Note: An alternate timeline where Dawn and Cyrus met as teenagers. With overlapping timelines, she has completed her adventure already, and faced off with one Cyrus, but then met another who was the same age as her. She set herself up as his babysitter, but it's more like a friendship. This timeline is semi-continued in Rewritten Ending, if you're interested!

I had always thought that for all his brilliance, his ideas were just a part of his madness. The imagined, crazy solution to a problem only an insane man would believe he could solve by himself. After all, it was always inherently delusional to think one person could do something so drastic, so transformative, to the whole world.

Over the past three years I had learned how wrong I was. The plan? It wasn't crazy. It was order amid a crazy world, sense from the void of nonsense. But somehow I knew it was still wrong. He still could not make this decision for everyone, it wasn't right. Or was it?

And that was the magic of him. He had made me question myself so many times - too many to count! And I'd made him pause only a handful at the most.

I hadn't given up. I wouldn't. But there was doubt, hidden, just beneath that mask of a bright smile that greeted him. It wasn't that I thought his methods were right - those, always, I would find reprehensible. Total destruction was unforgivable. But the concept itself was so inherently simplistic.

And yet I knew I'd made cracks in his wall of logic. He had his doubts, too. They were better concealed than mine, but I could tell. He was not so flat, and around me, he had mostly stopped trying. He tried to pretend nothing bothered him, but I knew it did, from little things, like not being able to hink of a word, and having to waste time looking it up, to the bigger things, like my nagging him to take better care of himself. There would be a flash of irritation, a dismissive wave, an attempt to paint his face with that impassive look again - I ignored these. The body language spoke louder than his grumping that he could care for himself. He would let me touch him, to wipe his face, or pick at his hair, without protest. We often sat on the couch together, pressed next to each other at one end, rather than apart. On more than one occasion, we'd fallen asleep together in the middle of piles of books and papers.

Despite our avowed rivalry in nine years, we trusted each other. But I never dreamed he trusted me as much as he proved to one night in summer.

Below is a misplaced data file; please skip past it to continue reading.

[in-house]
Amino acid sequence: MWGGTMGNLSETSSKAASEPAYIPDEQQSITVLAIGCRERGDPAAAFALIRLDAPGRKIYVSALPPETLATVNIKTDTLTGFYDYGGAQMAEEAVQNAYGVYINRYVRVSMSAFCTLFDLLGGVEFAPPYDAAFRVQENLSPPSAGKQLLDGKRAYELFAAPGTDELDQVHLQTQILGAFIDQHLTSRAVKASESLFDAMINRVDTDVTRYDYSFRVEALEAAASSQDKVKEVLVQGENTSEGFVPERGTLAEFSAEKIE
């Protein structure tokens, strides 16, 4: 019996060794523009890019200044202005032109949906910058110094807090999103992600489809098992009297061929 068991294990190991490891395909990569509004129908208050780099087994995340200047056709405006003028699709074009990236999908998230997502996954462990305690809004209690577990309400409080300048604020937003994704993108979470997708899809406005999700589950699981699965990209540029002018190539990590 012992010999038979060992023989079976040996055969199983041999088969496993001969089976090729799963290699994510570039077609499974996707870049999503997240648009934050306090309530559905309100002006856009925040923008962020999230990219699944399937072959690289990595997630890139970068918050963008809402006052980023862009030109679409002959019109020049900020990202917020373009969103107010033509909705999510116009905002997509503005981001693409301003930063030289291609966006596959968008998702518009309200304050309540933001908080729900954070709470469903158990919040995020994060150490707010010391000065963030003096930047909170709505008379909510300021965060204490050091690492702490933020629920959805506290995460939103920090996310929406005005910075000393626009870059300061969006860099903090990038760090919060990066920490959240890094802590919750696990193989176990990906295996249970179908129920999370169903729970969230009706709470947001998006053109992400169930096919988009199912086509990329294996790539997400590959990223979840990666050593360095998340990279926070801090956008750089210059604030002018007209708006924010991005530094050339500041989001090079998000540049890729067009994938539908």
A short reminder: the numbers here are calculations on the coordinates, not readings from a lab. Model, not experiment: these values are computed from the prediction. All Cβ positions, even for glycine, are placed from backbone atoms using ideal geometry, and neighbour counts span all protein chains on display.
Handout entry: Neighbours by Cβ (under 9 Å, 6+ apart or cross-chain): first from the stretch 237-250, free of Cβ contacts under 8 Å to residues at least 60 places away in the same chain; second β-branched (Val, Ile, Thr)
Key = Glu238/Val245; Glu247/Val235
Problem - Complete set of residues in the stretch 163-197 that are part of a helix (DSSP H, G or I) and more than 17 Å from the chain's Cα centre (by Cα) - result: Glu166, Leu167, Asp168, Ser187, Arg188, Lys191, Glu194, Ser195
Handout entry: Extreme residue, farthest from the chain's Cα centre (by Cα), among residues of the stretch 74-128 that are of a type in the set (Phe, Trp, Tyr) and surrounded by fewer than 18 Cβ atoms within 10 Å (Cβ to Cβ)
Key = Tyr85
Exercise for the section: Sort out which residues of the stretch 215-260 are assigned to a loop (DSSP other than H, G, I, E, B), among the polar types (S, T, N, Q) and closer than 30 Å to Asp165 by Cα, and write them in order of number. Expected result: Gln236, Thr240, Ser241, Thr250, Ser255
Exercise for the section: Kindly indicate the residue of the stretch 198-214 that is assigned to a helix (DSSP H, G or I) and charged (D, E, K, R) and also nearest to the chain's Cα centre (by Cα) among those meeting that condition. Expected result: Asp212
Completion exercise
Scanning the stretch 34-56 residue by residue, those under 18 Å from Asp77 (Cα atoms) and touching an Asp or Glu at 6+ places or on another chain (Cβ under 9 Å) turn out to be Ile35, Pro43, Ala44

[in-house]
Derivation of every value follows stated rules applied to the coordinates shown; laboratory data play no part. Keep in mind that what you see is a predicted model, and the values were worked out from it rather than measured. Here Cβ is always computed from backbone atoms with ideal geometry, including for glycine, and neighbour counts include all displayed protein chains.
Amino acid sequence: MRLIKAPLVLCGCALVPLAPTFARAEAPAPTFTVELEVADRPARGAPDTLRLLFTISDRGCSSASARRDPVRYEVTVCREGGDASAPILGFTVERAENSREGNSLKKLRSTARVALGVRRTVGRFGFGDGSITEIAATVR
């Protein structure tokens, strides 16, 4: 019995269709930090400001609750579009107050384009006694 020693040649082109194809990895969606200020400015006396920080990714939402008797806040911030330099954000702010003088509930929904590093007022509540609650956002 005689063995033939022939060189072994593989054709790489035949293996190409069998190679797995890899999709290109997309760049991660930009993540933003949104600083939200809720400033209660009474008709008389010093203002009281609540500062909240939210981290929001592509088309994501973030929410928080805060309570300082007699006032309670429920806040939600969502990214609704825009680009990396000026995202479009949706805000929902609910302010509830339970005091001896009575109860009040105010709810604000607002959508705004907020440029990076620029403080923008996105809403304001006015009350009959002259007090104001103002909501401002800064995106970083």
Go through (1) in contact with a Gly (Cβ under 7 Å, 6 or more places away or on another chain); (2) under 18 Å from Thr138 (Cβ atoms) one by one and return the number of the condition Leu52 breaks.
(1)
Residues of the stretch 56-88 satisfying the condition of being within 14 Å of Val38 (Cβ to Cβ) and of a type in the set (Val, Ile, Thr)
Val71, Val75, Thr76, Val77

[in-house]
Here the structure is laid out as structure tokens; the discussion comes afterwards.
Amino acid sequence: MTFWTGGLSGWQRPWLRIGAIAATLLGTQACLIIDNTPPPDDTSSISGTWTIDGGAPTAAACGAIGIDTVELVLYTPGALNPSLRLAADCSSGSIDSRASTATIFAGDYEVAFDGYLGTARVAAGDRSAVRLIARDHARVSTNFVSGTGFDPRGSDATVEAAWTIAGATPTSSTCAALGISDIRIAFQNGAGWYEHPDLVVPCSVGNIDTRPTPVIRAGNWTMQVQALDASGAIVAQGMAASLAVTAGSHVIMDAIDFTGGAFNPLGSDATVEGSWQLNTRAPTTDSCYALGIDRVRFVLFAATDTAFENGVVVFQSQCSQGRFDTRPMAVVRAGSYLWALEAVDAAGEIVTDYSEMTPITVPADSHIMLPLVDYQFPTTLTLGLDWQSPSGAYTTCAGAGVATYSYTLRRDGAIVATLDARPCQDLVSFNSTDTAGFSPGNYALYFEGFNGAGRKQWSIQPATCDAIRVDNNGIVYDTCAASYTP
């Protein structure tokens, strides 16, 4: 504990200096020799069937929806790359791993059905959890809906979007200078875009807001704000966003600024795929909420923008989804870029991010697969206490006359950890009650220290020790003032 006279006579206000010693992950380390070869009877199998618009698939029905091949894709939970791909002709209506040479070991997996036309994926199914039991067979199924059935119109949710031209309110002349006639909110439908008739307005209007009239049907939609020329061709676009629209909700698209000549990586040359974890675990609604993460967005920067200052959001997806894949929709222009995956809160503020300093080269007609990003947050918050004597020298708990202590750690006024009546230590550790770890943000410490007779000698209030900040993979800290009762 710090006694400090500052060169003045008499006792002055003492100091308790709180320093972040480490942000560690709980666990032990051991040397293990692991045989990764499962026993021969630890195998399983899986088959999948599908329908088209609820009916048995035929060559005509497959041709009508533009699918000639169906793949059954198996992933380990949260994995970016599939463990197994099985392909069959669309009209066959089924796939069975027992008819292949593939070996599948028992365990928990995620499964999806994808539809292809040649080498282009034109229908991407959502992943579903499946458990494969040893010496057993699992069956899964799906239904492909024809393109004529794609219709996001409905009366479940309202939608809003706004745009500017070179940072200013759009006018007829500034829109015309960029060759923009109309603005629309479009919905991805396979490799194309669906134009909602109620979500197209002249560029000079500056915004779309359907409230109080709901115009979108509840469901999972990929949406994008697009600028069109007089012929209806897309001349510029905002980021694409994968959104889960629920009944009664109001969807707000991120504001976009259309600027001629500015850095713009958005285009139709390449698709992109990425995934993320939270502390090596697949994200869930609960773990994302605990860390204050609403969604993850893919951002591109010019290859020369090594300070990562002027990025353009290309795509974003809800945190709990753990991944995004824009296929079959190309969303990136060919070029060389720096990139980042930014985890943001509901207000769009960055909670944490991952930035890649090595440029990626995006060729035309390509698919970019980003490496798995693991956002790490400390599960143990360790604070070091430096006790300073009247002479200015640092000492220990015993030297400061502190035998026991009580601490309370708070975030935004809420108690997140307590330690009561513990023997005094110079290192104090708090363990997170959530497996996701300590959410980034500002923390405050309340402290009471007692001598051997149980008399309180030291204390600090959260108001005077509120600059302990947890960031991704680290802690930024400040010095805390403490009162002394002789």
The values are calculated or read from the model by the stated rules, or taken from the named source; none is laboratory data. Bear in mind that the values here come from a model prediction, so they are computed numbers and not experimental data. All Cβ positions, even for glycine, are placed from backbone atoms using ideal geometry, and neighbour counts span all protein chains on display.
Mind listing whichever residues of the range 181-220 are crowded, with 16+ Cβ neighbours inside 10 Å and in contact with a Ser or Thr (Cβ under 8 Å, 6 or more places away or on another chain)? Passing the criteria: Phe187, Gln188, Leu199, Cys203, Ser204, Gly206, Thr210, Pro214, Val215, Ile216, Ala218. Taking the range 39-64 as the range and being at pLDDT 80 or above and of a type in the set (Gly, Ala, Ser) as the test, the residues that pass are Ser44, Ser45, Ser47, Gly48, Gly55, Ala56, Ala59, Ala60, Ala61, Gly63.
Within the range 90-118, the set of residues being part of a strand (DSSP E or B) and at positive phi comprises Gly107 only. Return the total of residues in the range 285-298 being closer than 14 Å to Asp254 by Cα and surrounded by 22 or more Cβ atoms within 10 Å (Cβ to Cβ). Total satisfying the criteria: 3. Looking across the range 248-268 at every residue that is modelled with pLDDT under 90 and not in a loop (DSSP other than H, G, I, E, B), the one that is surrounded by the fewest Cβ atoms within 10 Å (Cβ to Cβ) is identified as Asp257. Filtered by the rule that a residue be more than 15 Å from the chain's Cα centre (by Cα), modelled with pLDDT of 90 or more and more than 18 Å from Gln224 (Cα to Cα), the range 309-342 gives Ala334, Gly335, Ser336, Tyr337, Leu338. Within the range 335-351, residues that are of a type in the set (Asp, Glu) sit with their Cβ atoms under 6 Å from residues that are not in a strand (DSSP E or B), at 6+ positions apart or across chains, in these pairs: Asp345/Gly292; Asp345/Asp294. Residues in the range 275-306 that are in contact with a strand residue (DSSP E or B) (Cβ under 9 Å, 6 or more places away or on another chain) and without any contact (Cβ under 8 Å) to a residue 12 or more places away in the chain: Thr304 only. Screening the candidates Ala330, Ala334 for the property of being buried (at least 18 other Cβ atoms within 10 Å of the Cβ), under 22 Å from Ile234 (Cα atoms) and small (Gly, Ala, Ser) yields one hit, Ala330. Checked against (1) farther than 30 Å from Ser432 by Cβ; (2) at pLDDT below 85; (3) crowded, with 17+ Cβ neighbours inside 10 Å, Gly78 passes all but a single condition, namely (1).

We'd gone to the Resort Area for a few days, taken several bags full of dusty old books on myths from the Canalave Library. They were strewn around the villa, and we lazed about all day, reading, idly chatting, him tinkering, me flipping through magazines.

It was hot, and Kricketot buzzed outside every night, the sound carried in through the open windows along with a hot, muggy breeze that could hardly be called a breeze. The night was velvet black outside, the moon a tiny sliver on one side of the sky. You could barely see it around the palm tree in the front yard.

"Aren't you hot?" I'd never seen him wearing anything but long sleeves and long pants. Tonight was no exception.

"No," he answered without looking up.

I sat up, leaning over the back of the couch to watch his work. There were metal pieces scattered across the table. He had some little fiddly thing in his hands. He'd tried to explain to me on several occasions, but mechanics were not my strength. "Really?"




The villa had one bedroom (with two beds, mind you), so we'd been in the habit of taking turns changing clothes when we needed. Even his pajamas were long.
But that night, when I came back into the bedroom after he opened the door to signal I could, was different. He'd opted to go shirtless in deference to the heat. I tried not to react at first, but then I saw, and all resolve went straight out the open window. His scars. I'd had no idea.


He pretend to not know what I was reacting to. "Good night, Dawn."

And then I couldn't help myself. I was across the room in a heartbeat, throwing my arms around him, drawing him in, where he'd be safe. Once upon a time, he would have flinched, and tried to push me away. Tonight, he let me embrace him. Once upon a time, there would have been hot tears on my cheeks, and I'd be trying to convince myself away from the truth. I knew. I knew how he'd gotten those scars. Once upon a time, I would have wished I was still oblivious, but not tonight.

"Stay with me, and I promise, I won't let anyone hurt you ever again," I heard myself saying. My voice was strong. Even more amazing, though, I felt strong to match it.

"I can protect myself," he said softly. "And everyone else, too. No more...suffering."

"This isn't the way to do it."

"You can let go at any time."

I shook my head. "I can't."

"Nor can I. Funny that."

I ignored his flippancy. I would not let him go. I could not let him go. I held him, as if somehow that could undo eighteen years of ills by the world, by those who were supposed to protect him. Slowly, he leaned forward, resting his head on my shoulder. "It'll be okay," I told him.

"I know."

This surprised me. "You do?"

"It's not as if I can't take care of myself, Dawn. Sometimes, sure, I have it harder than others. It doesn't mean I'm defenseless."

"Stop being so tough!" I protested. "Just because..." I shook my head. "Just let me hold you, and stop worrying about all the evils of the world for a few hours."

"I can do that."